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Over billions of years of evolution, eukaryotic (complex) cells have developed many organelles, or subcomponents, which perform specialized tasks to increase the overall effectiveness or adaptability of the cell. The most obvious is the nucleus, within which is the nucleolus, the epicenter of the cell where the genetic material can be found. The nucleus protects the cell's genes from degeneration from various sources, such as invading viruses or energetic solar radiation. The nucleus is usually the largest of organelles in the cell, though it is sometimes second to large vacuoles.
The second most famous is probably the mitochondria. This is the only organelle that itself contains some genetic material, likely a vestige from an era when the mitochondria was an independent organism. It serves as the power plant for the cell, taking compounds like NADH and NADPH and converting them into energy in the form of ATP via oxidative phosphorylation. NADH and NADPH can be found floating around in the bloodstream, but must be converted to ATP for the cell's machinery to be able to use it. There are around 2,000 mitochondria in a typical eukaryotic cell, which take up about 20% of its total volume.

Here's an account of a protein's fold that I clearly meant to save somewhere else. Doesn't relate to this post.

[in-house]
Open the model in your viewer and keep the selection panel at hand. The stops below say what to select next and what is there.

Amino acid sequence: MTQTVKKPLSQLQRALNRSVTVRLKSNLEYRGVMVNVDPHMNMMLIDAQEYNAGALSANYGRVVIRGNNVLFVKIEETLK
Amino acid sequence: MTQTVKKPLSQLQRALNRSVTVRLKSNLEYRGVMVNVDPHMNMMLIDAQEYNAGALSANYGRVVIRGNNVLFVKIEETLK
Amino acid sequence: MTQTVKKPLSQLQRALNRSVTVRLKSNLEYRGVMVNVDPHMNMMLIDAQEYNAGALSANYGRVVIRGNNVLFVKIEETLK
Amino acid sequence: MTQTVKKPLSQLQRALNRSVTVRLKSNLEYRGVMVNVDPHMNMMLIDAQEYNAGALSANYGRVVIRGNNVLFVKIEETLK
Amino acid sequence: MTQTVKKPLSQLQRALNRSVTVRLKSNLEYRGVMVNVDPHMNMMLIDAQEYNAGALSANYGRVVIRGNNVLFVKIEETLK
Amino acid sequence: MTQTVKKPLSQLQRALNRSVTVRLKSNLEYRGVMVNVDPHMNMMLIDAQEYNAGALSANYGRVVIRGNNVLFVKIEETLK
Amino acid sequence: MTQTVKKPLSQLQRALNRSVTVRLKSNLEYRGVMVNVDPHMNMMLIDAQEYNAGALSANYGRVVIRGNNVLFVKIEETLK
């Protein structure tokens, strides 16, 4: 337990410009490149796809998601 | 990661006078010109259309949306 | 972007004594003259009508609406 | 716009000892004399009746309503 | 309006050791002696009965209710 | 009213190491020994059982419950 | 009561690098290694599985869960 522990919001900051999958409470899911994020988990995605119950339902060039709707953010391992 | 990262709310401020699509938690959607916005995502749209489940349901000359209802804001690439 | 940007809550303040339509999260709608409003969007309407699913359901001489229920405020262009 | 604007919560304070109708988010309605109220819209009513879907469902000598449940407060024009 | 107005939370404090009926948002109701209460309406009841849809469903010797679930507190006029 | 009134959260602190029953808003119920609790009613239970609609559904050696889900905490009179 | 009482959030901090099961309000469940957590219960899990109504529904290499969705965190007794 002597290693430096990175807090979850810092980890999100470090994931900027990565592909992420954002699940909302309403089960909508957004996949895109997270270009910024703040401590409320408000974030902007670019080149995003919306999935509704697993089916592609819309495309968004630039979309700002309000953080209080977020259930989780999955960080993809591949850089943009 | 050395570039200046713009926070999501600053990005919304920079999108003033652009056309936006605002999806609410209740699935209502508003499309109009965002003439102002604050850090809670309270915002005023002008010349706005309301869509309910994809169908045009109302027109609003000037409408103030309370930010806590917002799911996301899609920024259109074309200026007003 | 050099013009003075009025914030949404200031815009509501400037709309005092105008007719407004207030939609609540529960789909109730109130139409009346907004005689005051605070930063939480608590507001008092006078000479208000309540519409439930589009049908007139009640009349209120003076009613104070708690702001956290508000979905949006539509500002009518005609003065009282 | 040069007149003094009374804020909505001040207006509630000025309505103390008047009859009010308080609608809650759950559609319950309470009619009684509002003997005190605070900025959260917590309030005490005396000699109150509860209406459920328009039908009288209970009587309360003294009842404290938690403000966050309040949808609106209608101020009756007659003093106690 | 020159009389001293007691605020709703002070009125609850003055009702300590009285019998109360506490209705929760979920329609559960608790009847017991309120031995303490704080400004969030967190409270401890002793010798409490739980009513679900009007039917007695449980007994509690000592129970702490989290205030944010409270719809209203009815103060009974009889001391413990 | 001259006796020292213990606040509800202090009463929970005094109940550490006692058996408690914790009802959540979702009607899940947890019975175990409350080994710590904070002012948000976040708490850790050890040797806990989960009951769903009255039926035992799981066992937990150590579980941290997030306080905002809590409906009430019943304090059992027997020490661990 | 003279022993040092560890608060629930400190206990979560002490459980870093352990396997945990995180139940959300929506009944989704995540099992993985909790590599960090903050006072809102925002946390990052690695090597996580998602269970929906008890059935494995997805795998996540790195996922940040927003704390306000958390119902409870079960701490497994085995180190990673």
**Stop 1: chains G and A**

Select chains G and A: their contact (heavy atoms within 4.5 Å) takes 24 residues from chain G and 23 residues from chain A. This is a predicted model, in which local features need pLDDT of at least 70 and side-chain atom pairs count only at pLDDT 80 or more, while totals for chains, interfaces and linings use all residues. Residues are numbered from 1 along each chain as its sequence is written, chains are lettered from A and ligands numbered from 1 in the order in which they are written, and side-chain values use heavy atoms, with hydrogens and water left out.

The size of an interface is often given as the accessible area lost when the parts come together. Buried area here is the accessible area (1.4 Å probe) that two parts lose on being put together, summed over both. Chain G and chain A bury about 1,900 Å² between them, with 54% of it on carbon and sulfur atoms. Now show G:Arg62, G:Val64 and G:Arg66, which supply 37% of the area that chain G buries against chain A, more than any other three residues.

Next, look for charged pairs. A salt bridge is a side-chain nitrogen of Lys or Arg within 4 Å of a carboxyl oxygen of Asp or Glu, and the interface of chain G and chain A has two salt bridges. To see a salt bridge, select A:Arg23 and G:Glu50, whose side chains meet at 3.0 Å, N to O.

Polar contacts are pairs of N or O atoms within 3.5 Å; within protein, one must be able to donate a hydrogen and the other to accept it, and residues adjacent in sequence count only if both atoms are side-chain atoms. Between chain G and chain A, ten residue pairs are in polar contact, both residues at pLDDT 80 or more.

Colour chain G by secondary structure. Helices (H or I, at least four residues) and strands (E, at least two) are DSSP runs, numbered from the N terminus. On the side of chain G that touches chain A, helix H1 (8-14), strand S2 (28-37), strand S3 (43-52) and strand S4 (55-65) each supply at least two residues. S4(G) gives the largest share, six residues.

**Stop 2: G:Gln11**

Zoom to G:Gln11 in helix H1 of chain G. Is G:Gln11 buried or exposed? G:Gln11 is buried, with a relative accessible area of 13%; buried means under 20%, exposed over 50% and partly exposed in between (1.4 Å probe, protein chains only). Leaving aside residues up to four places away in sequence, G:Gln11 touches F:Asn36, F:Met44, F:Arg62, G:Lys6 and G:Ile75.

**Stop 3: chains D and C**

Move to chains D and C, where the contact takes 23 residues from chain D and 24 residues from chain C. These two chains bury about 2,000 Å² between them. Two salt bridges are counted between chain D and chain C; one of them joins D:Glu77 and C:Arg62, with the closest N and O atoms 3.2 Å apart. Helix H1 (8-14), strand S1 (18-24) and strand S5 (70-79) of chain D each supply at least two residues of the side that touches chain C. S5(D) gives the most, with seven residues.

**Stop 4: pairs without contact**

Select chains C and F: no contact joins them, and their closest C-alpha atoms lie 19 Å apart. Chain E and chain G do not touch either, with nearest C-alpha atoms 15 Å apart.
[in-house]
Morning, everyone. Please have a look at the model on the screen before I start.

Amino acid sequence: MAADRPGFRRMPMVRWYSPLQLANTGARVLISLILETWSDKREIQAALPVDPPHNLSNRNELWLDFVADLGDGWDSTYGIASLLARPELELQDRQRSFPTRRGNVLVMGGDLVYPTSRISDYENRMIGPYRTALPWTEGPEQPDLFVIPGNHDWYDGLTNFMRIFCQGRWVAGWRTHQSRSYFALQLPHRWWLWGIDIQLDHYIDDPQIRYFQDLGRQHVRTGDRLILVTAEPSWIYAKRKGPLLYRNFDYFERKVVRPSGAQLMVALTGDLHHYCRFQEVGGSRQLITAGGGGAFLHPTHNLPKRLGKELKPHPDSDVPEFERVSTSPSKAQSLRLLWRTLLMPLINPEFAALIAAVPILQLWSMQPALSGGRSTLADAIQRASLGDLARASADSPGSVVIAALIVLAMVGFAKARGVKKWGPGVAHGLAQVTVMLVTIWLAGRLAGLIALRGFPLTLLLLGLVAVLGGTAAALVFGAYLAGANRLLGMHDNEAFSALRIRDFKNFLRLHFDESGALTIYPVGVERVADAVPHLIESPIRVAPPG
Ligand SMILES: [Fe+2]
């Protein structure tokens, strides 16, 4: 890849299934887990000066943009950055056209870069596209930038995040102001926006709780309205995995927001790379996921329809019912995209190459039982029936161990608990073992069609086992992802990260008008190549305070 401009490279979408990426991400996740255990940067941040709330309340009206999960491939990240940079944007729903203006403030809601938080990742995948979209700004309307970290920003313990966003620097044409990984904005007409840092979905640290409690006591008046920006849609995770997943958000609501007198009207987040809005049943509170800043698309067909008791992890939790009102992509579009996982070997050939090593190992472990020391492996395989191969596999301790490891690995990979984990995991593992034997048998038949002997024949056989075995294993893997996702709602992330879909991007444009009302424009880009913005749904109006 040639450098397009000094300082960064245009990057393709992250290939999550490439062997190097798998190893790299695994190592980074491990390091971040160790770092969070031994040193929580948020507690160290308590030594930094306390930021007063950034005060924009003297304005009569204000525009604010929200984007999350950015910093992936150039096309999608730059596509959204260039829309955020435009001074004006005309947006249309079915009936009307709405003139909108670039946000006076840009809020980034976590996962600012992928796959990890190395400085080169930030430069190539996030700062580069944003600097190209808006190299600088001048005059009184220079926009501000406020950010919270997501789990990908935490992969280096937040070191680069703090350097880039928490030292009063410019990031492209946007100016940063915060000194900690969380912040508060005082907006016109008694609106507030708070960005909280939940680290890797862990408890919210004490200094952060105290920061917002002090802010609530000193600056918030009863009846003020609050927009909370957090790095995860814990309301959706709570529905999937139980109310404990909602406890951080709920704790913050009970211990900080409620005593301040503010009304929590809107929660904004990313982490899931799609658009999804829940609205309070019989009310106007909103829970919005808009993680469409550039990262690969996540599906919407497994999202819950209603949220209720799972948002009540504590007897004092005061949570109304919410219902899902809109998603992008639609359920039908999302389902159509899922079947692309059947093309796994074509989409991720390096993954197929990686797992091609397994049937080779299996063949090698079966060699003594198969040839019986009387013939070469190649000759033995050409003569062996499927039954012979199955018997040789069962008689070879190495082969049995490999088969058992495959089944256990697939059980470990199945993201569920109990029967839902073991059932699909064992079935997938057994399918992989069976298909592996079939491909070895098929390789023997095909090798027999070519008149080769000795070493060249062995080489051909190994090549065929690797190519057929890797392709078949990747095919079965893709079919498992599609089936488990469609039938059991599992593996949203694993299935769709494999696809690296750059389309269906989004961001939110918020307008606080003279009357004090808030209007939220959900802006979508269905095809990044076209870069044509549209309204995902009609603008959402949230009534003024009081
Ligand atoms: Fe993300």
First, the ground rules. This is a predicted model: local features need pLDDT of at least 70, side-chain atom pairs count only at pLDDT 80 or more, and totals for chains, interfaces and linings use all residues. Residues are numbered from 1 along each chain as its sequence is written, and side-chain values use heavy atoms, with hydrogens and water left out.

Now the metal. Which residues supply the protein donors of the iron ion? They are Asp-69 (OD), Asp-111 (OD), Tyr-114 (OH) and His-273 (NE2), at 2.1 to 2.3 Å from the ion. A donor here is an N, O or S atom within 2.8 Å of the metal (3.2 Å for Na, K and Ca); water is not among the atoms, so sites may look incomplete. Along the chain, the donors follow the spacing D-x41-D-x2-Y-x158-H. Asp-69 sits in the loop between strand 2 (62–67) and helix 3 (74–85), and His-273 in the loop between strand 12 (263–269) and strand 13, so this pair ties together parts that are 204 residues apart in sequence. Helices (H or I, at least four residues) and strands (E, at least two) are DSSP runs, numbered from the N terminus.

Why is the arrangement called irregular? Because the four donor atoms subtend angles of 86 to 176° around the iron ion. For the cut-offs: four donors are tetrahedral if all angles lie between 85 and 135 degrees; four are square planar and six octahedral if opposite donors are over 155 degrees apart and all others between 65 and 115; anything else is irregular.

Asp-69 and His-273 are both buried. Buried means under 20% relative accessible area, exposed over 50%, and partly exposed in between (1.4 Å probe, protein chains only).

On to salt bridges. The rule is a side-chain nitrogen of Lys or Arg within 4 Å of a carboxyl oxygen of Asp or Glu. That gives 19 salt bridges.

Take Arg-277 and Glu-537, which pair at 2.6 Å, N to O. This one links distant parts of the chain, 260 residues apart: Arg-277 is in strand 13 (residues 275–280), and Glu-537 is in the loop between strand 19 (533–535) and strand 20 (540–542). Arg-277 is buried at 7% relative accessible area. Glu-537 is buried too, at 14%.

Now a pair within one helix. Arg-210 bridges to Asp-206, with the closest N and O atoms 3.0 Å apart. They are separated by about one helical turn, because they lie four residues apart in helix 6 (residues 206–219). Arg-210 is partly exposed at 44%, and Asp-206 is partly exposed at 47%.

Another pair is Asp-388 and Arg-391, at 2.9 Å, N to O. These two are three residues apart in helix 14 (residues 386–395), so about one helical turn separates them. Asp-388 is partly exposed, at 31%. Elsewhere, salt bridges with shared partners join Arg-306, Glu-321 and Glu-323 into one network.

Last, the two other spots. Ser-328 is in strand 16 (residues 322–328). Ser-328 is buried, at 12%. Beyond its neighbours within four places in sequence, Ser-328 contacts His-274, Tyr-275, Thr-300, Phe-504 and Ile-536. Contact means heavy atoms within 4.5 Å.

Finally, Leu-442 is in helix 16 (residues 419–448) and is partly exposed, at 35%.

Another prominent subcomponent are the ribosomes, which are extremely important to the working of the cell. They are made up of 65% ribosomal RNA and 35% ribosomal proteins. The ribosomes, about 20 nm in diameter, are responsible for building all the proteins that make up the human body. The nucleolus of the cell sends out tiny molecules called messenger RNA to tell the ribosomes what to build. They then use transfer RNA to bring them amino acids, which they string together into the long polypeptides known as proteins. These smaller molecules floating in the intracellular medium are generally not considered organelles.
Other organelles, some only found in plants, include plastids (chroloplasts being the most famous), which conduct photosynthesis; the endoplasmic reticulum, which modifies new proteins and lipids; the Golgi apparatus, which sorts and modifies proteins; the vacuole, which mediates storage and homeostasis; and dozens more minor structures. All of these float in the soup of cytoplasm, the fluid that fills the cell. The structure of the cell is largely dictated by the cytoskeleton, which is made up of fibrous proteins.